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The Dictator's Handbook cover art

The Dictator's Handbook

By: Bruce Bueno de Mesquita, Alastair Smith
Narrated by: Dan Woren
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Summary

Now featuring a new chapter on the rise of illiberalism worldwide.

The essential book that lays out the real rules of politics: leaders do whatever keeps them in power, regardless of the national interest.

As featured in the viral video “Rules for Rulers,” which has been viewed over fifteen million times.

Bruce Bueno de Mesquita and Alastair Smith’s canonical book on political science turned conventional wisdom on its head. They started from a single assertion: leaders do whatever keeps them in power. They don’t care about the “national interest”—or even their subjects—unless they must.

Newly updated to reflect the global rise of authoritarianism, this clever and accessible book illustrates how leaders amass and retain power. As Bueno de Mesquita and Smith show, democracy is essentially just a convenient fiction. Governments do not differ in kind, but only in the number of essential supporters or backs that need scratching. The size of this group determines almost everything about politics: what leaders can get away with, and the quality of life or misery under them. And it is also the key to returning power to the people.

PLEASE NOTE: When you purchase this title, the accompanying PDF will be available in your Audible Library along with the audio.

©2011 Bruce Bueno de Mesquita and Alastair Smith (P)2022 PublicAffairs

Critic reviews

"Simply the best book on politics written.... Every citizen should read this book." (CGP Grey)

"A lucidly written, shrewdly argued meditation on how democrats and dictators preserve political authority.... Bueno de Mesquita and Smith are polymathic, drawing on economics, history, and political science to make their points.... The reader will be hard-pressed to find a single government that doesn't largely operate according to Messrs. Bueno de Mesquita and Smith's model. So the next time a hand-wringing politician, Democrat or Republican, claims to be taking a position for the 'good of his country,' remember to replace the word 'country' with 'career.'" (Wall Street Journal)

"Machiavelli's The Prince has a new rival. It's The Dictator's Handbook by Bruce Bueno de Mesquita and Alastair Smith.... This is a fantastically thought-provoking read. I found myself not wanting to agree but actually, for the most part, being convinced that the cynical analysis is the true one." (Enlightenment Economics)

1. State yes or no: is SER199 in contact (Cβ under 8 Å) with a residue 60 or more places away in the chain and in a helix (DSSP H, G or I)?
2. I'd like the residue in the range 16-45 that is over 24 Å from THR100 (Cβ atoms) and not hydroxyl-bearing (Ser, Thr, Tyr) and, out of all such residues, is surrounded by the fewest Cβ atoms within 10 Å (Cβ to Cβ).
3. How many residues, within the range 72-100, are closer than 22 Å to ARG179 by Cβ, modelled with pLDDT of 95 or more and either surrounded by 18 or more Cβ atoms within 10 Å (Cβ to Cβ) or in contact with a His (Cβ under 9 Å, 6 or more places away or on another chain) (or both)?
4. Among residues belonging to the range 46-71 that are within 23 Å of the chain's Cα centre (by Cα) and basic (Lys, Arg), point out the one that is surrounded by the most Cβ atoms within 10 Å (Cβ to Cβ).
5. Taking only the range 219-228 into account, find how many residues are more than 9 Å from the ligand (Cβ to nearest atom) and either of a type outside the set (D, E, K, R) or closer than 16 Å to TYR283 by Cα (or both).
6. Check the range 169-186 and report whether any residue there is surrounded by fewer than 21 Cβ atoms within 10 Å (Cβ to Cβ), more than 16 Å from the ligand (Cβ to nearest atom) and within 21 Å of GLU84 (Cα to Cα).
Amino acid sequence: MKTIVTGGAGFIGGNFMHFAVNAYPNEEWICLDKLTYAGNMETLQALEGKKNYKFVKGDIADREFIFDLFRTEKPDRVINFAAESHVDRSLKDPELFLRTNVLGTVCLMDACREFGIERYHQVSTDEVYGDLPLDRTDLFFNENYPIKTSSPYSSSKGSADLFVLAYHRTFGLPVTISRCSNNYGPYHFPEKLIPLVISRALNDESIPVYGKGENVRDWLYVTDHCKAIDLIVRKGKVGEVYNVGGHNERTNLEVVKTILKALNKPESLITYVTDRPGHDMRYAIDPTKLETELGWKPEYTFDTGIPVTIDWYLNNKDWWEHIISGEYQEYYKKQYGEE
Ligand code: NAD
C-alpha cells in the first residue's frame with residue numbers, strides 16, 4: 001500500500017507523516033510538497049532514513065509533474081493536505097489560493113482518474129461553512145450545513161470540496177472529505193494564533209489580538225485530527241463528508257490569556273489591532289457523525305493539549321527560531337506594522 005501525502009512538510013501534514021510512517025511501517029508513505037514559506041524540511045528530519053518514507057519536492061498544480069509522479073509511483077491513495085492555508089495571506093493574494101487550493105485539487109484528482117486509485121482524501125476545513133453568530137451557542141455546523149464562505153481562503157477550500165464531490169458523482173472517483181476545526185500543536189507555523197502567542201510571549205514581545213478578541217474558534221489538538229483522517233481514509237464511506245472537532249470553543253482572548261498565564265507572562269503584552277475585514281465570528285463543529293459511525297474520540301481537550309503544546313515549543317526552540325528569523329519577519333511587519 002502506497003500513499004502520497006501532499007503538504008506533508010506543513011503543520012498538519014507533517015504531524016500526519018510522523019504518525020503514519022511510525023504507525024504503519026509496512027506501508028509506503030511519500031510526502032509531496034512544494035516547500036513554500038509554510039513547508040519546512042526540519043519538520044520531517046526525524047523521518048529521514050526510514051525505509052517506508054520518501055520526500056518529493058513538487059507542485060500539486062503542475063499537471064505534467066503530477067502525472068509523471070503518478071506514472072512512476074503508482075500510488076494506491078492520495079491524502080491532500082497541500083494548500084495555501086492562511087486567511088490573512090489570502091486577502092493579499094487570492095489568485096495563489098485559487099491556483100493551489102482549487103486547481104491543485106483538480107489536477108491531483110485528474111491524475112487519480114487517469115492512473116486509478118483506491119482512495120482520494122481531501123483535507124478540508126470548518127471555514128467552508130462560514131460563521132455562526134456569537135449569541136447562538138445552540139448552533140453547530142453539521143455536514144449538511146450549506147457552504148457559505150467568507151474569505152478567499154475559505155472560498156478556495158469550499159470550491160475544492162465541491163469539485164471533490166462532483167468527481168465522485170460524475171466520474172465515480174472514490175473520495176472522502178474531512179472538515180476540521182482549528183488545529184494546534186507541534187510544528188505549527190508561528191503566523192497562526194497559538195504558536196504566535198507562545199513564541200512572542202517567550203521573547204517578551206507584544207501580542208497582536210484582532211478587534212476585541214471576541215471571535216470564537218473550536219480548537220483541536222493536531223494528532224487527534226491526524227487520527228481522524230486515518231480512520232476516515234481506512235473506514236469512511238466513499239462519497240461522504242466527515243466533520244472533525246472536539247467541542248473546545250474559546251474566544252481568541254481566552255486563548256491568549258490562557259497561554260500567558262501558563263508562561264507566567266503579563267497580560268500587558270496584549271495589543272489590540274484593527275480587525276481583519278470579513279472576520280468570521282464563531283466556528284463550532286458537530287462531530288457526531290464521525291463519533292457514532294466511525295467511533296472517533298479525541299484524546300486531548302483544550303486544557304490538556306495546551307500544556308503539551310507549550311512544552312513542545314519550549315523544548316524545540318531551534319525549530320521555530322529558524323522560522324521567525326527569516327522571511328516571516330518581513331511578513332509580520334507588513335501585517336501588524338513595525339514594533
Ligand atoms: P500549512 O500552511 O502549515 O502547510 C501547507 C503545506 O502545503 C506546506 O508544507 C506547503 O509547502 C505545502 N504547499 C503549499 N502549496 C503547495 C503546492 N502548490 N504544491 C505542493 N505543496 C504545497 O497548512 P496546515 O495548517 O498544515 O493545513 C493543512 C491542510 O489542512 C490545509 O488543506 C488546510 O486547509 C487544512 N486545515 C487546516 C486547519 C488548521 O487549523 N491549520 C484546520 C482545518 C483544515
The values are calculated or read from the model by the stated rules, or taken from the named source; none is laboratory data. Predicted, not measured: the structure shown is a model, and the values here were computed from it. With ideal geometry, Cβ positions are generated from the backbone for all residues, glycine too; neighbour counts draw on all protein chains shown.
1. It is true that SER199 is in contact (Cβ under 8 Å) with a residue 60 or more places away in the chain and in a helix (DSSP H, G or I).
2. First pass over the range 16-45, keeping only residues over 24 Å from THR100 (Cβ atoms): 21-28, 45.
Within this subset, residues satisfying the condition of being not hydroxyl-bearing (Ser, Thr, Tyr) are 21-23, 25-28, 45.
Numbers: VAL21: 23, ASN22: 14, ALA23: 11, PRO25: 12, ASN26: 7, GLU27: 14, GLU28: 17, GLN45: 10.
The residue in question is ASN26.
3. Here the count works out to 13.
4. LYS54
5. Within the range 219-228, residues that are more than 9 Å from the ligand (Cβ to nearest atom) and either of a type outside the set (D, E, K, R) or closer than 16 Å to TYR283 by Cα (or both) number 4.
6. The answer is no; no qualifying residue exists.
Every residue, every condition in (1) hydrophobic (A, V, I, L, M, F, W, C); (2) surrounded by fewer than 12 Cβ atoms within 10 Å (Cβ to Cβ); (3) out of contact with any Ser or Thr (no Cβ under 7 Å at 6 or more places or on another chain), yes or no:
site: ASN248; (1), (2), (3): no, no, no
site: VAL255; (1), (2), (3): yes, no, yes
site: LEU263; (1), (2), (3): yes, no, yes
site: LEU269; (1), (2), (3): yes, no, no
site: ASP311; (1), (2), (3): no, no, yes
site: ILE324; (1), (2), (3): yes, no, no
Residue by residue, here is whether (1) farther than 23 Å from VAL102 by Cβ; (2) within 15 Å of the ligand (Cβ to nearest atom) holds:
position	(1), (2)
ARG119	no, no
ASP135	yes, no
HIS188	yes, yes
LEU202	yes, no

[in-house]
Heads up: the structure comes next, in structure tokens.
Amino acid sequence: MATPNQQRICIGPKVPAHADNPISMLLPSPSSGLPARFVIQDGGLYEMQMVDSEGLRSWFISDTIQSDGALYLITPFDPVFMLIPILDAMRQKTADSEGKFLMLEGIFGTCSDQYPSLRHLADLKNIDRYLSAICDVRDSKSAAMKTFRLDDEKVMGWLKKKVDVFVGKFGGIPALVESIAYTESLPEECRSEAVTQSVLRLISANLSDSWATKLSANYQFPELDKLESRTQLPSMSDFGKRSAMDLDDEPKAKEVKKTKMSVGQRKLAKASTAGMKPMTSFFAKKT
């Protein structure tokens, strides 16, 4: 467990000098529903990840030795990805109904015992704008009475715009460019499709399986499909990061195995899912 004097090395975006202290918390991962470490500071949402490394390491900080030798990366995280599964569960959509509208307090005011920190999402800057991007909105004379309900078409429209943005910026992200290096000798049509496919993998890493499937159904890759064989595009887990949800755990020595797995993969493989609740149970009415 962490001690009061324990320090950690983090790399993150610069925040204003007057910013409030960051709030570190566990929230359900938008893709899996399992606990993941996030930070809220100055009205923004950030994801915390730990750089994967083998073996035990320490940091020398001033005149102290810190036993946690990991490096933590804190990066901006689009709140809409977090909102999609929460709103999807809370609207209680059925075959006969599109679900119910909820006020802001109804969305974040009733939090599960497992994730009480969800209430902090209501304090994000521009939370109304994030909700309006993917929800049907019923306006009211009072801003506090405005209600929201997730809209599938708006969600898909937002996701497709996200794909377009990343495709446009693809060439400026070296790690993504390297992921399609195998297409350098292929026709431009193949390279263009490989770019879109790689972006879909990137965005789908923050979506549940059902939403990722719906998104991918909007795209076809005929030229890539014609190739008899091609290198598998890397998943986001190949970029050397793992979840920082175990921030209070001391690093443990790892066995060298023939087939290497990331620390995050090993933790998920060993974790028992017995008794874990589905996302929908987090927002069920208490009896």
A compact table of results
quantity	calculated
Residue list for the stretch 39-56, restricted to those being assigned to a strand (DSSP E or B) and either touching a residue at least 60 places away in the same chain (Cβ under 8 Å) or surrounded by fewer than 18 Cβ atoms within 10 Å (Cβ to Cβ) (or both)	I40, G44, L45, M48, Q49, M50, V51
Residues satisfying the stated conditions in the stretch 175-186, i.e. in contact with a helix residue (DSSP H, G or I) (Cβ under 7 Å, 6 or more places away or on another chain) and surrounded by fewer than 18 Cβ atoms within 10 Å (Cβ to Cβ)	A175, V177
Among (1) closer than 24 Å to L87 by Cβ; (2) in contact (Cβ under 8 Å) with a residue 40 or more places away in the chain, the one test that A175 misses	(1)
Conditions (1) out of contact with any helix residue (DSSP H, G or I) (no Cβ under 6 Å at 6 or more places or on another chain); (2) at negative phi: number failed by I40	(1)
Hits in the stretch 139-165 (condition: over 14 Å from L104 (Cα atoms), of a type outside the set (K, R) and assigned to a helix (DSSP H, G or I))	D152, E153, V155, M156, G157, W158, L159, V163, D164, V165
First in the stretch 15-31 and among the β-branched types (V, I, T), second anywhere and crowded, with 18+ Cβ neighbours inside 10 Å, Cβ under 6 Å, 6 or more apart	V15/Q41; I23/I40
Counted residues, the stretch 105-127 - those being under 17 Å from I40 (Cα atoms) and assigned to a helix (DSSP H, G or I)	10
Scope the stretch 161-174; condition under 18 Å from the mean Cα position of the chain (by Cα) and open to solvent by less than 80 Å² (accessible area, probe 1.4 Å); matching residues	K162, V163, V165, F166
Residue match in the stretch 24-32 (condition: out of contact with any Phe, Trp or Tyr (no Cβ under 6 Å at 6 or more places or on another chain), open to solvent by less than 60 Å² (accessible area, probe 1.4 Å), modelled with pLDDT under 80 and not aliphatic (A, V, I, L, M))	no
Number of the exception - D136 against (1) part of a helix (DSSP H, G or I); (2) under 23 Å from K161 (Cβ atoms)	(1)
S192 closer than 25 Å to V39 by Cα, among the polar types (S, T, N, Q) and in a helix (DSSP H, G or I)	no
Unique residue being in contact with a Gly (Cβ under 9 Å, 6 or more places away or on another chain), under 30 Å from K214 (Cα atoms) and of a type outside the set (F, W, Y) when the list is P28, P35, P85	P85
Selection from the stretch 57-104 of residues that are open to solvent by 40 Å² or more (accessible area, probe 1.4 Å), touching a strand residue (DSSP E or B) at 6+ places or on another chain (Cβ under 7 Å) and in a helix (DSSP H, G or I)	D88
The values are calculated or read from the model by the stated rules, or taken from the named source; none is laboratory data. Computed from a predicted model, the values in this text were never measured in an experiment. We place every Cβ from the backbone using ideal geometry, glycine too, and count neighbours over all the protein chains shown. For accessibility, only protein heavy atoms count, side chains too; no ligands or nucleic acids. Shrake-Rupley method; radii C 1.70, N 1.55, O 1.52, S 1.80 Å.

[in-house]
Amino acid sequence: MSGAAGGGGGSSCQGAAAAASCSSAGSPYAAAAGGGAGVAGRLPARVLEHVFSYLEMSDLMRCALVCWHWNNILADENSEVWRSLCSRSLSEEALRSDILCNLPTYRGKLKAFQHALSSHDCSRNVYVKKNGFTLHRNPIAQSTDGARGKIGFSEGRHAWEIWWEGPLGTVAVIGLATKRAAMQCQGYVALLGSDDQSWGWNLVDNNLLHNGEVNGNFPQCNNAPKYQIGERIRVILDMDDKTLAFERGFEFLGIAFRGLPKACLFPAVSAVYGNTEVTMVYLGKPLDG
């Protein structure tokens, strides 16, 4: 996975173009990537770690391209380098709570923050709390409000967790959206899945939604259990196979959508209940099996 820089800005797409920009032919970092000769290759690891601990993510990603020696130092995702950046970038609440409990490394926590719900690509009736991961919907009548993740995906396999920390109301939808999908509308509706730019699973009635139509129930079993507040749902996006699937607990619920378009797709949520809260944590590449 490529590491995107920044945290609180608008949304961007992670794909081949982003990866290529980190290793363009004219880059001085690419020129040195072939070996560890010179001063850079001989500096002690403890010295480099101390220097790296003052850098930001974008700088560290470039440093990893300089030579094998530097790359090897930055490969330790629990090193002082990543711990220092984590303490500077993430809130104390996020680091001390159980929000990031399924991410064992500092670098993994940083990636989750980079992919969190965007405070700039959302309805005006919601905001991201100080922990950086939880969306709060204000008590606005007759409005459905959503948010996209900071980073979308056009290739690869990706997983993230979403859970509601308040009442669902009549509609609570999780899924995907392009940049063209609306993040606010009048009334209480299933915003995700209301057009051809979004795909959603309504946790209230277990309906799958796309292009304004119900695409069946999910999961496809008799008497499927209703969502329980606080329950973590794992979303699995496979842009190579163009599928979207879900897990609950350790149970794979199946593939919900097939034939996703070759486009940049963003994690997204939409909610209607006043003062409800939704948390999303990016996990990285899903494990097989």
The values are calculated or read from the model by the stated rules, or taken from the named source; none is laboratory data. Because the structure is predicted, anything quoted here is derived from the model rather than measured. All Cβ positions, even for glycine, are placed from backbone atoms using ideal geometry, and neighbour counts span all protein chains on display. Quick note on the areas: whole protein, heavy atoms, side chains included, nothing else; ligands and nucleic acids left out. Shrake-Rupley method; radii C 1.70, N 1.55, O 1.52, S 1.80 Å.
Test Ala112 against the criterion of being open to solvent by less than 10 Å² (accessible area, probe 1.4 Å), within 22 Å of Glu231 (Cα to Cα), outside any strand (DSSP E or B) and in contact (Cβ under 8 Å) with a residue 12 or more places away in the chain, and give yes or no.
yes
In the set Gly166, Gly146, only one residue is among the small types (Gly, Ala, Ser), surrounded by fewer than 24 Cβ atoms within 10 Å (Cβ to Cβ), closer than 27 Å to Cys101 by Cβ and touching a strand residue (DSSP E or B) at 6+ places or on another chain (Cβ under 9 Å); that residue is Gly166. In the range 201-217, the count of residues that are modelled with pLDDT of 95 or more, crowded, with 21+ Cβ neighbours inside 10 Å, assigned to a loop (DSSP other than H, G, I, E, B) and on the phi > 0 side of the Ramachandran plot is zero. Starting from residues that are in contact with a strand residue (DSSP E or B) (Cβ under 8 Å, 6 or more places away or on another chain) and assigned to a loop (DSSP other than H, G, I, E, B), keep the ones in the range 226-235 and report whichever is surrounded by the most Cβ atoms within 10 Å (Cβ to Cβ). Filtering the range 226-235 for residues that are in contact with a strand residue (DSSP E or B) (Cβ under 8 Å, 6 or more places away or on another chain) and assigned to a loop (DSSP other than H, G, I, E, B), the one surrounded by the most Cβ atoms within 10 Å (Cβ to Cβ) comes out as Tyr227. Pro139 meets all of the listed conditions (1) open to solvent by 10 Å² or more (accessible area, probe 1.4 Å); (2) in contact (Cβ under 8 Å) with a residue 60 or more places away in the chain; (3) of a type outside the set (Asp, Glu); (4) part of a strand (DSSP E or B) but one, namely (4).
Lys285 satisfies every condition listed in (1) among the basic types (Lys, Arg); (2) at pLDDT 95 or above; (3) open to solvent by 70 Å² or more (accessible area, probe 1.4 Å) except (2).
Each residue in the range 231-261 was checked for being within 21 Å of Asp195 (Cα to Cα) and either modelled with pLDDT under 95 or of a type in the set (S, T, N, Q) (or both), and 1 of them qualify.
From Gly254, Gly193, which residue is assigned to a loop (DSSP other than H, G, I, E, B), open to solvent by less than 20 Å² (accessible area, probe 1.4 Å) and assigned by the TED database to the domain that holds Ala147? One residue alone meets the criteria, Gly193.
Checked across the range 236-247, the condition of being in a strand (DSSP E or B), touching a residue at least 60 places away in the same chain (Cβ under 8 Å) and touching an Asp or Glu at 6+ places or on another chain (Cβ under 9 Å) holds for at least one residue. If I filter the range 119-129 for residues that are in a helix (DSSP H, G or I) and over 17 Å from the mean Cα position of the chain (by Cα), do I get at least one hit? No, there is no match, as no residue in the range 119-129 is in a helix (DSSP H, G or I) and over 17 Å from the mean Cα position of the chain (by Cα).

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If you only ever read one book on Politics.

This book offers a stone cold insight into the motivations of the leaders of the world, "good" ones and "bad" ones. It offers a simple to understand framework for why what happens, happens.

It's lessons apply outside of politics as well. The lessons here are fundamental where people meet with anything of value that can be controlled.

Its... a little depressing tho, but the truth often is I guess.

The narrator is good enough, a standard American male, who sounds engaged,

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Interesting connection

Very interesting to see how many countries use the same approach to hood wink there people

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Very worthwhile insights

I liked the book a lot for its analytical non partisan approach to topics that are normally only tackled from a particular ideological point of view. The chapter on Foreign Aid was particularly interesting with its counter intuitive empirical analysis. It seemed particularly oriented to the USA towards the end (more of a feature than a criticism).

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mediocre insides, bad history

while the context and the narrative of the book is good, the argumentation is superficial and the historical arguments are outright wrong. don't get me wrong, the arguments posed in this book are in general correct and they do have some historical basis, the way thou they are written shows the lack of such knowledge from the authors, and the cherry picking of history to prove a point, EVEN if the point they argue is fundamentally correct (and machiavellian, so be weary).

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1 person found this helpful